misleading yardstick. Few know that Macao, a Special Administrative Region next
to Hong Kong, has the world's third largest per capita income (due to its mega-casino
economy). That doesn't make Macao a world power. But when China's economy with
overwhelming global connectivity grows to be the world's largest, the whole
world should be well advised to sit up and ponder.
The “First Eurasian Land Bridge”
runs through Russia, connecting Rotterdam to Russia’s Trans-Siberian Railway
across 13,000 kilometres The “Second (or New) Eurasian Land Bridge”
runs 10,900 kilometres including 4,100 kilometres in China, which is parallel
to one of the ancient routes of the Silk Road, linking the Port of Lianyungang
(near Shanghai) across the whole of China to Kazakhstan and onwards via Russia
and Belarus over Poland to the markets of the European Union.
proposed canal, The Economist (5 October, 2013)
James Richards, “Currency Wars – The Making of the Next Global Crisis”, Portfolio/Penguin,
New York, 2011, Chapter 11 – Endgame – Paper, Gold or Chaos – Special Drawing
Rights, pp. 229-234.
The Economist (5 October 2013) tagline opines that "a new enterprise zone could spark wider market reforms—but only if bureaucrats ease their grip". Click here
The initial announcement refers to a negative list of 1000 banned areas, which begs the question how free is the SFTZ. In balance, the article rightly quotes Chen Bo of the Shanghai
University of Finance and Economics, who has advised the government on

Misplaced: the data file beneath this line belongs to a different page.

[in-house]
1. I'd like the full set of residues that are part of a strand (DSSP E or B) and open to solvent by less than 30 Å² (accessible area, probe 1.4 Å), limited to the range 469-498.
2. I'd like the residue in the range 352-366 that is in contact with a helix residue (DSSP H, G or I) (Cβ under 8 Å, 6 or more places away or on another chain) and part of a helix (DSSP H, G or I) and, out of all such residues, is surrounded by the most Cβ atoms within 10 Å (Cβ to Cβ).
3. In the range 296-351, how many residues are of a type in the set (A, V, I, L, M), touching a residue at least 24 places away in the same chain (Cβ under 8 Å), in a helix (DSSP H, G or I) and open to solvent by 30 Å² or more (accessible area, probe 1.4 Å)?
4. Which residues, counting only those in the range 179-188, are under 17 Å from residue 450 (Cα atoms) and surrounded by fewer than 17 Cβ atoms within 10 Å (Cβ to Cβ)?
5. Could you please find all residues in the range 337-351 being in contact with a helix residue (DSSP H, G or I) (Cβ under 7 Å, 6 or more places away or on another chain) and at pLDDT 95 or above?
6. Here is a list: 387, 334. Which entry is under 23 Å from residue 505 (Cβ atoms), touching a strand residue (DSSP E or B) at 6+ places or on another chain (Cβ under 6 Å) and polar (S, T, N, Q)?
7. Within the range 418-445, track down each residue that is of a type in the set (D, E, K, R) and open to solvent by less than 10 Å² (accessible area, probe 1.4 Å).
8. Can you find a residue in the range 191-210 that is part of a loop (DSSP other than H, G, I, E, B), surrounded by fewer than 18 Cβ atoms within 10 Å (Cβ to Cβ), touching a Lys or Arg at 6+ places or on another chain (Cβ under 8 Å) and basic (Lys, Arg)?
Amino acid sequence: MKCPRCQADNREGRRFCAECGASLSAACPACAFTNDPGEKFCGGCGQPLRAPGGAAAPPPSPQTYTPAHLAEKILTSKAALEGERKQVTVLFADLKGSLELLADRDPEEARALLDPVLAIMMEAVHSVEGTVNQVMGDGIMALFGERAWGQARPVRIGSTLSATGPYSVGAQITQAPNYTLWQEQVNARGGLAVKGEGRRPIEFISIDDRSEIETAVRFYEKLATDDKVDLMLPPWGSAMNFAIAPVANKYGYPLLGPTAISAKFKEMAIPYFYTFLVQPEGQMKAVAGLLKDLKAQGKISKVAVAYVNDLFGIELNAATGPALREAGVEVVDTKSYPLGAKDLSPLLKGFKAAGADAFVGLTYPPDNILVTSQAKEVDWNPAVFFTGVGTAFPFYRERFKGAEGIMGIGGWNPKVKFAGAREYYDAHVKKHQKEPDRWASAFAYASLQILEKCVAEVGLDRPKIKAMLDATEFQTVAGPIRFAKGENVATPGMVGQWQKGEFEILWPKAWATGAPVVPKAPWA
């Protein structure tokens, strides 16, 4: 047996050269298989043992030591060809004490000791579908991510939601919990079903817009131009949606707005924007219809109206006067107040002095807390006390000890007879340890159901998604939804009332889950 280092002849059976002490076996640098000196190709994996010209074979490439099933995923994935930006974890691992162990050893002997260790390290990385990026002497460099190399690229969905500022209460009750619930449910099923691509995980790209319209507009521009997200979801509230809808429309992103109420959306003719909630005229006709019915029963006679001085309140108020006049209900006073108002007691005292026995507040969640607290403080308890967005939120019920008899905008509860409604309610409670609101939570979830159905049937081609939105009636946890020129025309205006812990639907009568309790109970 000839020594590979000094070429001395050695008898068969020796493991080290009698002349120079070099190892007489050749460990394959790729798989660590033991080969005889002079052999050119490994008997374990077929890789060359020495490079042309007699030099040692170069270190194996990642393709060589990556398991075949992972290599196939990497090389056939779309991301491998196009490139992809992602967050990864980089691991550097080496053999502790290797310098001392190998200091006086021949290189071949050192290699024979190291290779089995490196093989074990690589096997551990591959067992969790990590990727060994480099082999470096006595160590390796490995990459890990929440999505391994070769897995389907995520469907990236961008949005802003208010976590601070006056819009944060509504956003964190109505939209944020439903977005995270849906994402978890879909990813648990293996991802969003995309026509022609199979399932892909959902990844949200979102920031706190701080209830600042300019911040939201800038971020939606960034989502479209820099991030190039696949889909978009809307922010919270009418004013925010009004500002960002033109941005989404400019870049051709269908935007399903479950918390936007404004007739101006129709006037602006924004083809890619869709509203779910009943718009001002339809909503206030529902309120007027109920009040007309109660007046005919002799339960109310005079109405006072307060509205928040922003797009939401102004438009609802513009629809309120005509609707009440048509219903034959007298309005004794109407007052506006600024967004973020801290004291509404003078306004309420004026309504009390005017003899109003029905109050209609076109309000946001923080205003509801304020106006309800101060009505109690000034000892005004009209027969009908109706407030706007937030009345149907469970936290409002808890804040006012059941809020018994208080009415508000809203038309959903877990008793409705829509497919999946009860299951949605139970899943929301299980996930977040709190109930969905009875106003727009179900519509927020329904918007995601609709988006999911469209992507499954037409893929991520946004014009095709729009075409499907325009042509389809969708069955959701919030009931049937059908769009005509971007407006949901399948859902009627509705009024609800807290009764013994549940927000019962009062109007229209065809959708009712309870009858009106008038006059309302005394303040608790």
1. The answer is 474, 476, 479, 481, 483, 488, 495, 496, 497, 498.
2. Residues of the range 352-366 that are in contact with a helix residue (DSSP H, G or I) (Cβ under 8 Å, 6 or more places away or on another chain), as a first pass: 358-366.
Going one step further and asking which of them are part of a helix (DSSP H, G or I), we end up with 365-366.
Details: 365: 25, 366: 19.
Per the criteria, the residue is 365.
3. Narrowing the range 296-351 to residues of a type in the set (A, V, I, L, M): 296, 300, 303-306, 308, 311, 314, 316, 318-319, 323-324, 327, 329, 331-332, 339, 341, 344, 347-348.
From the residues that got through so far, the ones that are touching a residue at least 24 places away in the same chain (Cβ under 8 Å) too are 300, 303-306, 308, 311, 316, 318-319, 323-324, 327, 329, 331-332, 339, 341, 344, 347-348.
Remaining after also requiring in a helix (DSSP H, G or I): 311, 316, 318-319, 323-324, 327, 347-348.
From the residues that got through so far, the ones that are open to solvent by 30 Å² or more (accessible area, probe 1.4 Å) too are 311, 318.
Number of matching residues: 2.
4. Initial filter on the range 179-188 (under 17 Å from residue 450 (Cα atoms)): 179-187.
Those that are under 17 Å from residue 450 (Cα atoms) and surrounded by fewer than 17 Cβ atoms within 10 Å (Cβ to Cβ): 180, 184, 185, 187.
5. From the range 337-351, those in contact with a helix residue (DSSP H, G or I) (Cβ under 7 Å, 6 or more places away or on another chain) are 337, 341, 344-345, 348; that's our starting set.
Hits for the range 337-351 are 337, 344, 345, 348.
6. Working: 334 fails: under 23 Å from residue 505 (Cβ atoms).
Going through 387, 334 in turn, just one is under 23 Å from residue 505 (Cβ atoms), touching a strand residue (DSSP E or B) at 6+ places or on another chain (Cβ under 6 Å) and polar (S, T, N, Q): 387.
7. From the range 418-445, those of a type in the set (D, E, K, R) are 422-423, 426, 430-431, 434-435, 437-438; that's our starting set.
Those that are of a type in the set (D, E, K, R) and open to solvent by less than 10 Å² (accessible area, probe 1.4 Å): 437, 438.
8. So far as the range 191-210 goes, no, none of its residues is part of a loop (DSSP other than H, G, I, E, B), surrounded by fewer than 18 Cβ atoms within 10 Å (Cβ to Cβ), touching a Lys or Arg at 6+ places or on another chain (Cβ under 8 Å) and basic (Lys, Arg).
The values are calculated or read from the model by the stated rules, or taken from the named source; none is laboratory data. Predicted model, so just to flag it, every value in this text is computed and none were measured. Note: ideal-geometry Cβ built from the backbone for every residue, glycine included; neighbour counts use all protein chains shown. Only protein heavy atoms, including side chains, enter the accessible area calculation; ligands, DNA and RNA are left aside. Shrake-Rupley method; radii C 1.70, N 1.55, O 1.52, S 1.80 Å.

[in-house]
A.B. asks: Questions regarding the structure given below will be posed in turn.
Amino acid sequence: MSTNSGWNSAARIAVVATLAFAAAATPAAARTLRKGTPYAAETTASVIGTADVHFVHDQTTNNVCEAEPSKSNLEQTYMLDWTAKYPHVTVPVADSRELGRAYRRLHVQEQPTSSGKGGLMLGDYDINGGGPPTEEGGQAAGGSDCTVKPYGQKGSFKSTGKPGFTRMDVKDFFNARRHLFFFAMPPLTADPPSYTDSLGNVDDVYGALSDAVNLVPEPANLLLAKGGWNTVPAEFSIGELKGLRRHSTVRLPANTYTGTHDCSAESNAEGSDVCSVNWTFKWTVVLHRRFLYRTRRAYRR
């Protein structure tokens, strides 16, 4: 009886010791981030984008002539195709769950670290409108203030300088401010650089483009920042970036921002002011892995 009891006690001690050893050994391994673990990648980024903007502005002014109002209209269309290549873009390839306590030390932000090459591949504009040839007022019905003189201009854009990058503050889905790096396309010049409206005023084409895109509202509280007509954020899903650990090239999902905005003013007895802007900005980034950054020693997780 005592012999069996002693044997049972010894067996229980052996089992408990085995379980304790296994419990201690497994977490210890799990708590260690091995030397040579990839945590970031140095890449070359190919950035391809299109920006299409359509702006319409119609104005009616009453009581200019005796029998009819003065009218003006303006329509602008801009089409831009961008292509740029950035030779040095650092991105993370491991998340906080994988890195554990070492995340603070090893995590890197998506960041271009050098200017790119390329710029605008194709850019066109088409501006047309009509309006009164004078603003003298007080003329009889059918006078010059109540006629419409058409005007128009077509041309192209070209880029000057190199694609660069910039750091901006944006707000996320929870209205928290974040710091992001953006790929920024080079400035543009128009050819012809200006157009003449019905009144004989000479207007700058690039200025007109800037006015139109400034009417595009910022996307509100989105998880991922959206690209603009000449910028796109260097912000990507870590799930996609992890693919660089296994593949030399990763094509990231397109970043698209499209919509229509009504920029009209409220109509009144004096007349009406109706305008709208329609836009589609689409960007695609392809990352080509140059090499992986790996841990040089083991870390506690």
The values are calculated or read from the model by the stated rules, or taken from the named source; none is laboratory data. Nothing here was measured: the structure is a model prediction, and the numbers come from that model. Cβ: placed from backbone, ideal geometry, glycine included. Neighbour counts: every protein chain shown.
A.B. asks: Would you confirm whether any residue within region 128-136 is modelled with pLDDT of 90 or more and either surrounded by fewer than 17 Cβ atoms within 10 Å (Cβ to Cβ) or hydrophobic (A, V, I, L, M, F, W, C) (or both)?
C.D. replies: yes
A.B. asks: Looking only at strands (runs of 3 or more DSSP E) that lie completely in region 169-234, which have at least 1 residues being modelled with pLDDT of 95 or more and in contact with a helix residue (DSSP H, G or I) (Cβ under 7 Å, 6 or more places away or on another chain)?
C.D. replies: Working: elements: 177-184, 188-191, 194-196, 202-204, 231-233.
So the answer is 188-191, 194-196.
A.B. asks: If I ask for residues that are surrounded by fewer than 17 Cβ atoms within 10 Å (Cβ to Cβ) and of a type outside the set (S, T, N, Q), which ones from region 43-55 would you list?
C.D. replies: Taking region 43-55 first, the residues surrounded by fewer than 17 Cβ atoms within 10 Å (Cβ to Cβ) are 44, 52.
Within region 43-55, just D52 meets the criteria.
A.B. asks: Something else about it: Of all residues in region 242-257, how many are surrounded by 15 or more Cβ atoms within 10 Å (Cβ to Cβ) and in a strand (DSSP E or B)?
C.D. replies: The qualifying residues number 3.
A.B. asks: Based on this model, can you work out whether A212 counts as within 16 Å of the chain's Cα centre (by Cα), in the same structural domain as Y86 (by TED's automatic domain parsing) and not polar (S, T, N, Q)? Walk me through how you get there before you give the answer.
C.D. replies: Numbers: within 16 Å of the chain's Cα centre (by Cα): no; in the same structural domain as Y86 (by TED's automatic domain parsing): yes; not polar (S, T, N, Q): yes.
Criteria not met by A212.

the SFTZ. ""Do not be fooled by the earky caution". However, even much more liberalization is to comne, this negative list means that the pilot Shanghai Free Trade Zone is not supposed to be another Shenzhen.
It is in reality a carefully-control experiment of epic proportions. No less important reforms than China's currency regime and the rapidly rising services sector are at stake, along with the political commitment and reputation of China's new Premier.
I should add, "Don't be fooled by the lack of absolute clarity or details". This is what an experiment is really about. If something works, then more will be tried. But if it dosn't, other ways will be examined.
Specifically, the pilot is given a three-year timeline, before a decision is taken to roll out a final package nationwide. This underlines the political and strategic urgency.
Specifically, in the light of global uncertainties and opportunities facing China and at a critical time of China's transformation into a service-oriented economy, the SFTZ is a palpable move to see how various targetted service areas can be liberalized and how the eventual full convertibility of the RMB can be speeded up so that it can play a significant role as one of the world's leading reserve currencies, possibly by 2020, as oultined in my recent Op-ed in the South China Morning Post here
"Bo Xilai's cries of defiance after he is sentenced to life in prison for corruption", reports the South China Morning Post on 23 September here